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If one were to characterise the investing year so far, one could say that it has been a period during which several things that could have happened have not (yet), and that some potentially nasty accidents have been avoided. The result has been low single-digit gains for a typical private investor balanced portfolio, but gains that have been made with limited conviction and almost grudgingly against the expectation of imminent disaster. There is an old saying that “a bull market climbs a wall of worry”, and there are certainly plenty of reasons to worry. But whether we are in a new bull market or just another bear market rally is the subject of widespread debate and one that will only be laid to rest with the benefit of hindsight.

We should set out our stall early. We tend more towards the “bear market rally” point of view and would not be greatly surprised to see markets test their lows of 2022. Having said that, neither would we expect the lows to be maintained for long as they would be the result of either the long-expected weakening of economic activity or some sort of shock to the system. Both of which would, in all probability, elicit supportive action from policymakers. Thus, we continue to maintain only a moderately defensive position in portfolios rather than extreme, with our equity exposure weighted towards companies that could not only survive during a slowdown, but potentially prosper from one.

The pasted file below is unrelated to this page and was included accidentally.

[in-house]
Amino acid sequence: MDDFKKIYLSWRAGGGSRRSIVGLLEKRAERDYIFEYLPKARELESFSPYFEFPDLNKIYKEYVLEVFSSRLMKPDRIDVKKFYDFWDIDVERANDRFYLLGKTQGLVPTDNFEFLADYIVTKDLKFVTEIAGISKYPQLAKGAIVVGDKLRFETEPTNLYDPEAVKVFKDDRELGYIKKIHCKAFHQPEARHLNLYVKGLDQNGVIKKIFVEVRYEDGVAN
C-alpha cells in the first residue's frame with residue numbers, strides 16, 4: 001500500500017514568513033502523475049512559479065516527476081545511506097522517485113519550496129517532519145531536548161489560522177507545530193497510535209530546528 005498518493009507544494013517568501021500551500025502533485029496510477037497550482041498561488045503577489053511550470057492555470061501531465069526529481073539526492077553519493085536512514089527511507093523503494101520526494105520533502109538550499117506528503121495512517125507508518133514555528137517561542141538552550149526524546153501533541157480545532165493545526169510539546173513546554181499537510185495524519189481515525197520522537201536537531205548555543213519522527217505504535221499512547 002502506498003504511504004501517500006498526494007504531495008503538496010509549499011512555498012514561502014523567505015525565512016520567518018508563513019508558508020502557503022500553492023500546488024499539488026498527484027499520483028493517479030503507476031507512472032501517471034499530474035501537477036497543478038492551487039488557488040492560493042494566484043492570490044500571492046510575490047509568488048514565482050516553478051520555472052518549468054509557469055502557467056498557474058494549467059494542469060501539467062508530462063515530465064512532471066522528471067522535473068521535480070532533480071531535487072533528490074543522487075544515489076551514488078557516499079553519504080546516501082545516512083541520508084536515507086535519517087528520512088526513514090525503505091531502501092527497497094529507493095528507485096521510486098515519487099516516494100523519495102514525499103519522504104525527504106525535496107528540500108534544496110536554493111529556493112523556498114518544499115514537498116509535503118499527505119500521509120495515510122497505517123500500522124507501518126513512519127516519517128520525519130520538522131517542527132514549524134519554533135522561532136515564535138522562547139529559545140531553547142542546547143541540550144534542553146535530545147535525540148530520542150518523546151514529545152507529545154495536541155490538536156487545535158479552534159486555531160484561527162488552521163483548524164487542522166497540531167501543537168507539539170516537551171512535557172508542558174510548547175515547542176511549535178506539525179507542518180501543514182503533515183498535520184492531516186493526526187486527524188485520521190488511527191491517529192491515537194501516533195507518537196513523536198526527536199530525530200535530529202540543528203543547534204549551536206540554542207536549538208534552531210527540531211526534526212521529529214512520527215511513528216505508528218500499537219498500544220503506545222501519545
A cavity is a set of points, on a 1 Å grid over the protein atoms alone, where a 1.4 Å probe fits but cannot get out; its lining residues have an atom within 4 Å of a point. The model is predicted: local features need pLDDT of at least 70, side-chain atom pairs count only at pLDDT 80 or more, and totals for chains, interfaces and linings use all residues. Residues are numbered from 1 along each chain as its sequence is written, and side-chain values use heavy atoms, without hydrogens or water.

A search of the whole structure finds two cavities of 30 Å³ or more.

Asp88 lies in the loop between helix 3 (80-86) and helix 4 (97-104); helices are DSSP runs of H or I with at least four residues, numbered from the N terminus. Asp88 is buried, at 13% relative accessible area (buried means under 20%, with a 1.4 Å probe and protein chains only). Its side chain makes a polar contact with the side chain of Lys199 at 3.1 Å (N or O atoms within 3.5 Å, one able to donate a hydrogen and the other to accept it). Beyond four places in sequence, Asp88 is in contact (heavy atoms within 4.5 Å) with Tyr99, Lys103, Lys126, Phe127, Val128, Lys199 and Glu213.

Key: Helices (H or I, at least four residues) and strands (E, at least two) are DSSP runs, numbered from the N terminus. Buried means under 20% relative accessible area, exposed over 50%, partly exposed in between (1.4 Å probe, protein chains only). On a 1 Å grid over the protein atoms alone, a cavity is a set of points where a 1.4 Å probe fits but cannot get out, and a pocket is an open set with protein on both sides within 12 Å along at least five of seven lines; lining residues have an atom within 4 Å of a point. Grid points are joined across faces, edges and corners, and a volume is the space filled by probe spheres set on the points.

What trends have defied expectations?

What are the things that have not happened? If we cast our minds back to the beginning of the year, economists were almost unanimous in their forecasts for a recession in the US, UK, and Europe. Even the Bank of England expected the UK to be mired in a recession for the whole of 2023. And yet, five months later, the “most anticipated recession in history” has not arrived. Only Germany, of the major countries, has recorded two consecutive quarters of negative growth.

How could the consensus have been so wrong? One mitigating factor in the UK and Europe was the weather. Winter turned out to be pleasantly warm relative to long-term averages and expectations. This reduced the demand for energy for heating and punctured the price of natural gas that had been squeezed up aggressively in response to supply reductions from Ukraine and Russia. Last August the wholesale cost of gas to produce one Megawatt hour of energy peaked at €311 as consumers scrambled to ensure they had sufficient inventory to keep the power on during the winter. Today it is just €24, although that is still very much at the higher end of the price range in which it traded during the 2010s. We note a similar, although not as extreme, trajectory in the oil price, currently at $72 per barrel versus its peak last summer of over $120. Higher energy prices can be viewed as the equivalent of a tax on consumers, and so the reductions effectively delivered a timely “tax cut”.